During a deposition in April 2014, Archbishop John Nienstedt (below) of Saint Paul and Minneapolis testified to his lack of knowledge concerning a priest’s prior conviction of child abuse, saying he had only discovered that sordid history “during the last six months” and that he had never known much about the abuser’s past.

The evidence suggests otherwise.

Parishioner LaLonne Murphy was able to provide copies of letters she sent to Nienstedt more than six years ago, in which she detailed the history of Rev. Gilbert Gustafson, a convicted pedophile, and expressed her dismay that such a man continued to work as a parish consultant. Murphy became aware of Gustafson’s continuing involvement in Catholic affairs when she encountered him at a Florida church summit (which she was likely attending in her capacity as a director of liturgy and music for her own parish community).

In her original letter, Murphy — who herself carries memories of priestly sexual abuse from her youth, which she disclosed to Nienstedt in a subsequent letter — wrote:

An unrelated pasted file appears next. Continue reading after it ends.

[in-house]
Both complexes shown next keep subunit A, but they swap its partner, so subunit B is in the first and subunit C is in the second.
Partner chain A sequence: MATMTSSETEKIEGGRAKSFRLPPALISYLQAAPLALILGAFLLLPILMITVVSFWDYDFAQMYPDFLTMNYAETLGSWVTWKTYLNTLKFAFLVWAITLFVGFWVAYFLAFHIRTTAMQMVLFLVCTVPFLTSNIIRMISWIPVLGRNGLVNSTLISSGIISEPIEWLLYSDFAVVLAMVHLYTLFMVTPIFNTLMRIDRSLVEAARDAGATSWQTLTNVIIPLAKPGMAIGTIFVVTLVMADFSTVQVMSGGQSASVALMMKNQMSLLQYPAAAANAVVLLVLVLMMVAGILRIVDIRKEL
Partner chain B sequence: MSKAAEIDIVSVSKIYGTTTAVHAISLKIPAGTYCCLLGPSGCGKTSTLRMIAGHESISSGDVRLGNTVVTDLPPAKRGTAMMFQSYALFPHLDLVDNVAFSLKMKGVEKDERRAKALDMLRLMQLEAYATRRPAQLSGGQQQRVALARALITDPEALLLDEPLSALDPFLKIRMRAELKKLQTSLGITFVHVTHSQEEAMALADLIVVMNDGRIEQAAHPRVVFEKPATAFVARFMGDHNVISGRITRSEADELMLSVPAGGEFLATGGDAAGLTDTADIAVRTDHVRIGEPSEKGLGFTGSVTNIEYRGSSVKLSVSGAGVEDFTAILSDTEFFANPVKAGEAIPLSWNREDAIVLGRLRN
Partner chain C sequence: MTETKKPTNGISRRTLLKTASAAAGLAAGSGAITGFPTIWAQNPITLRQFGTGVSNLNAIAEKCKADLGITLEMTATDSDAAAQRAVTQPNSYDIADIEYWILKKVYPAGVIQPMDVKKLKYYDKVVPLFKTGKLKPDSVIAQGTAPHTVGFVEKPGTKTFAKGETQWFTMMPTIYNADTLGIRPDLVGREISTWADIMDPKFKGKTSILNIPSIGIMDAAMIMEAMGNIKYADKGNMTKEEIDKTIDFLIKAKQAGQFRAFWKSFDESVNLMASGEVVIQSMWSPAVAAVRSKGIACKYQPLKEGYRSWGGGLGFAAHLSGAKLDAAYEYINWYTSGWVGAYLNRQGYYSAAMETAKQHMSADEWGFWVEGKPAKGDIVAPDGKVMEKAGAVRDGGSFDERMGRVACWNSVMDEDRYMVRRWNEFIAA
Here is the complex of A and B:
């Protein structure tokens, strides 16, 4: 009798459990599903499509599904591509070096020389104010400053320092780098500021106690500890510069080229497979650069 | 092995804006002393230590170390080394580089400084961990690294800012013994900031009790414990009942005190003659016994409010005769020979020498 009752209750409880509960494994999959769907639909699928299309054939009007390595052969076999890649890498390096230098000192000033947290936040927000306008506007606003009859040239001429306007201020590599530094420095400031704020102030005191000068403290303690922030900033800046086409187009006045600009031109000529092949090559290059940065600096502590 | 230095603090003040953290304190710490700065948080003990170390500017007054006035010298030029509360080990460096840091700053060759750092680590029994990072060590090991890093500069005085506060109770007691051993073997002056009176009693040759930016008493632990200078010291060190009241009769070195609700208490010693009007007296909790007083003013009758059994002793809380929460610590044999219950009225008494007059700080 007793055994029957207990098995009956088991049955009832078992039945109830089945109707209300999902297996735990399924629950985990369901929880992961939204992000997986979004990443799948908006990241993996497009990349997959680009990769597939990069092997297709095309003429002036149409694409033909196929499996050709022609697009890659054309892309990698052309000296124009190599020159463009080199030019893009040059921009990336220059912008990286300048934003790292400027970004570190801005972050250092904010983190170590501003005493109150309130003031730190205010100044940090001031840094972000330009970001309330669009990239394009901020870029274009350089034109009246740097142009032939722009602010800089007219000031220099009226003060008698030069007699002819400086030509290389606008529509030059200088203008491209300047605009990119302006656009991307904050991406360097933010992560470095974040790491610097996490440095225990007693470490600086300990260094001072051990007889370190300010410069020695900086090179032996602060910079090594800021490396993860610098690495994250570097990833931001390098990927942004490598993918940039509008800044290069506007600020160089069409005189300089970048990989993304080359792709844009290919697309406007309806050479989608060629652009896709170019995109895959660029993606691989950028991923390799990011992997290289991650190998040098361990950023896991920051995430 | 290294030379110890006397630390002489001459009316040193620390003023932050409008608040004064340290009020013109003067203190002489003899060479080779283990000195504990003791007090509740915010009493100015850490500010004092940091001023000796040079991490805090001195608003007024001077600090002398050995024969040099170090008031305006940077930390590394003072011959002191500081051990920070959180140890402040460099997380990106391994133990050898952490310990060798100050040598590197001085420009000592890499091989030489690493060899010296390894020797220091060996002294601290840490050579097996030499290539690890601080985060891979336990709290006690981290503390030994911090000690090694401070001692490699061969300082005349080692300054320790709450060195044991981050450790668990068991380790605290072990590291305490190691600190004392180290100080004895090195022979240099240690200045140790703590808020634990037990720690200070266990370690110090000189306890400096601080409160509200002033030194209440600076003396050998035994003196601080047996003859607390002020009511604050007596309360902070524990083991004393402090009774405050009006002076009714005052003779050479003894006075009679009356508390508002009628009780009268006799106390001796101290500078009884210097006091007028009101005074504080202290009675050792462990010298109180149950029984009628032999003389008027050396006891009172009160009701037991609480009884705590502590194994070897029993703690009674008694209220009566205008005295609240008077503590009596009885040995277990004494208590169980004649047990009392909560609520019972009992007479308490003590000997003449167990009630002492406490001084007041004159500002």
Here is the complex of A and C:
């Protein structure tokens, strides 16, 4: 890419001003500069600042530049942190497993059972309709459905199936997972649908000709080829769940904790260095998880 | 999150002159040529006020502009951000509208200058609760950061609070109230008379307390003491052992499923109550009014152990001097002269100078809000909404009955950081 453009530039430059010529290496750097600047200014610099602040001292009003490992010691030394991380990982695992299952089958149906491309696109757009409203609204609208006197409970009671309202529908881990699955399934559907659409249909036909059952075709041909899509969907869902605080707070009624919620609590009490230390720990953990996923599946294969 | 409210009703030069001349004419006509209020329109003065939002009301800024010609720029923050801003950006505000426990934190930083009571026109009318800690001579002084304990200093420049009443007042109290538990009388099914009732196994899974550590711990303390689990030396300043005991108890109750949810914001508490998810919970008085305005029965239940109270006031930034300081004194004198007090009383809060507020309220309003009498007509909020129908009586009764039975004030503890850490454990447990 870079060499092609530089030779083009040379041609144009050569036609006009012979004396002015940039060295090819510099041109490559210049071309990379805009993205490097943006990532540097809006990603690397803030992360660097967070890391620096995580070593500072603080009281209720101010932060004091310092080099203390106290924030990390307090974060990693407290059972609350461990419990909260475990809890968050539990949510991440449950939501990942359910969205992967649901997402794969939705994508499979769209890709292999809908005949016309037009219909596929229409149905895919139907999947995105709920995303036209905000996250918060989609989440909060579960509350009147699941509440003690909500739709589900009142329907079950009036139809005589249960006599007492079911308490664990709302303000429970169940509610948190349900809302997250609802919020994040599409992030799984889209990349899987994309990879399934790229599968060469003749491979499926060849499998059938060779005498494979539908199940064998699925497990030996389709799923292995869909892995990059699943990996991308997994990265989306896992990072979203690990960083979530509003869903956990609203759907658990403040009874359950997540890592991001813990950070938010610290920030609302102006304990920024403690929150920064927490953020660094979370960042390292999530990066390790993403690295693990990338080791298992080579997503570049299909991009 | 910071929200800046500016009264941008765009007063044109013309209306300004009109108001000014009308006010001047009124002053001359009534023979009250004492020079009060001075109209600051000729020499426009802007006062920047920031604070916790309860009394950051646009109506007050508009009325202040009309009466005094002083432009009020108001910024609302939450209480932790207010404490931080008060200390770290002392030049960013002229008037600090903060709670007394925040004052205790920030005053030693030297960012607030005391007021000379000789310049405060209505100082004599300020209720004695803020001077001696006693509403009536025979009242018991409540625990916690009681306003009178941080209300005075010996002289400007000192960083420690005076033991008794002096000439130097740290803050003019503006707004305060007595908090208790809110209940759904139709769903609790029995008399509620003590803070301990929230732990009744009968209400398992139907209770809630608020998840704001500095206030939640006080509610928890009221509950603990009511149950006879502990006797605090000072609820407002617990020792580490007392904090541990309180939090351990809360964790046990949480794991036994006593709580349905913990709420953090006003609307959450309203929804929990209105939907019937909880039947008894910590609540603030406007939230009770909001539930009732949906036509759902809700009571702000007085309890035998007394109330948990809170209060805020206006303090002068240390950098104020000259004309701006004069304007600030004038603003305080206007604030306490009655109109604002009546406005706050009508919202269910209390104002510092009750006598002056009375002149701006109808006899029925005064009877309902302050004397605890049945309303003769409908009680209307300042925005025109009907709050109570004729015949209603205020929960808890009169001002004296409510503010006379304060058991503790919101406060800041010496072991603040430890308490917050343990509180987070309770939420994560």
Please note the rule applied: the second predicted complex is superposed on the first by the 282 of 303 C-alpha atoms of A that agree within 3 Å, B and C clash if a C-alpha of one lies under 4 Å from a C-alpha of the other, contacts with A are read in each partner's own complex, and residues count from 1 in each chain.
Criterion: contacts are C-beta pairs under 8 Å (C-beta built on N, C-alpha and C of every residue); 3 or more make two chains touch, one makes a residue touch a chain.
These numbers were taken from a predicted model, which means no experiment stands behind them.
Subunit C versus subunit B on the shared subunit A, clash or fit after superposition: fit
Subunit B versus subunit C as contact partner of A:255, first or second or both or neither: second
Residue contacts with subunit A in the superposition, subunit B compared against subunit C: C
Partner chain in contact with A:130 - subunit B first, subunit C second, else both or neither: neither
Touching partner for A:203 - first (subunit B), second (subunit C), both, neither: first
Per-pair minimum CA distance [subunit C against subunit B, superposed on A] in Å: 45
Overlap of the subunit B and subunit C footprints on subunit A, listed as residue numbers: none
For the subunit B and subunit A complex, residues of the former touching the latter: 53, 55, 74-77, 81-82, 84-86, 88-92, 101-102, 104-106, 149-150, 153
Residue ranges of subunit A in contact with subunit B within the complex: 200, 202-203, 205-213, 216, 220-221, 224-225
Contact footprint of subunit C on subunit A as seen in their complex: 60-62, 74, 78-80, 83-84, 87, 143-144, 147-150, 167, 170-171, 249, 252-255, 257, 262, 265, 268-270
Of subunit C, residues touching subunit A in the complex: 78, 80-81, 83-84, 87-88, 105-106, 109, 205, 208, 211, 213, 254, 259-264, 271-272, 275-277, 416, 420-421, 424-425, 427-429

From the public documents I have seen, [Gustafson] spent four and a half months in jail, completed probation, and paid a $40 fine. The people he abused and their families will never be able to fully recover. What he took from them has no time frame and no financial amount.

Set aside, for the moment, the absurdly light punishment for a man who abused his position of trust to sexually violate children in at least four separate cases. The point here is that Nienstedt had far more knowledge about Gustafson — specifically about his criminal past, including the fact that he was sentenced and jailed — than he claimed in his deposition, and had it years sooner than his testimony indicated. And we need not take it on faith that Murphy’s letter is authentic, or that Nienstedt received it, because we also have a copy of his official response.

(Say, wasn’t there something in the Ten Commandments about bearing false witness? Or did we throw that one out with the bit about mixed fibers?)

Nienstedt stands by his original testimony, insisting that he was unable to remember the information from Murphy’s letter. In a statement, Nienstedt said:

I was as accurate as possible in my April 2014 deposition, recalling details from years past to the best of my ability… While I tried to remember details of Gilbert Gustafson’s status during my four-hour deposition, I was not able immediately to recall specific details or that I had received correspondence from Ms. Murphy six years earlier. I receive thousands of letters every year.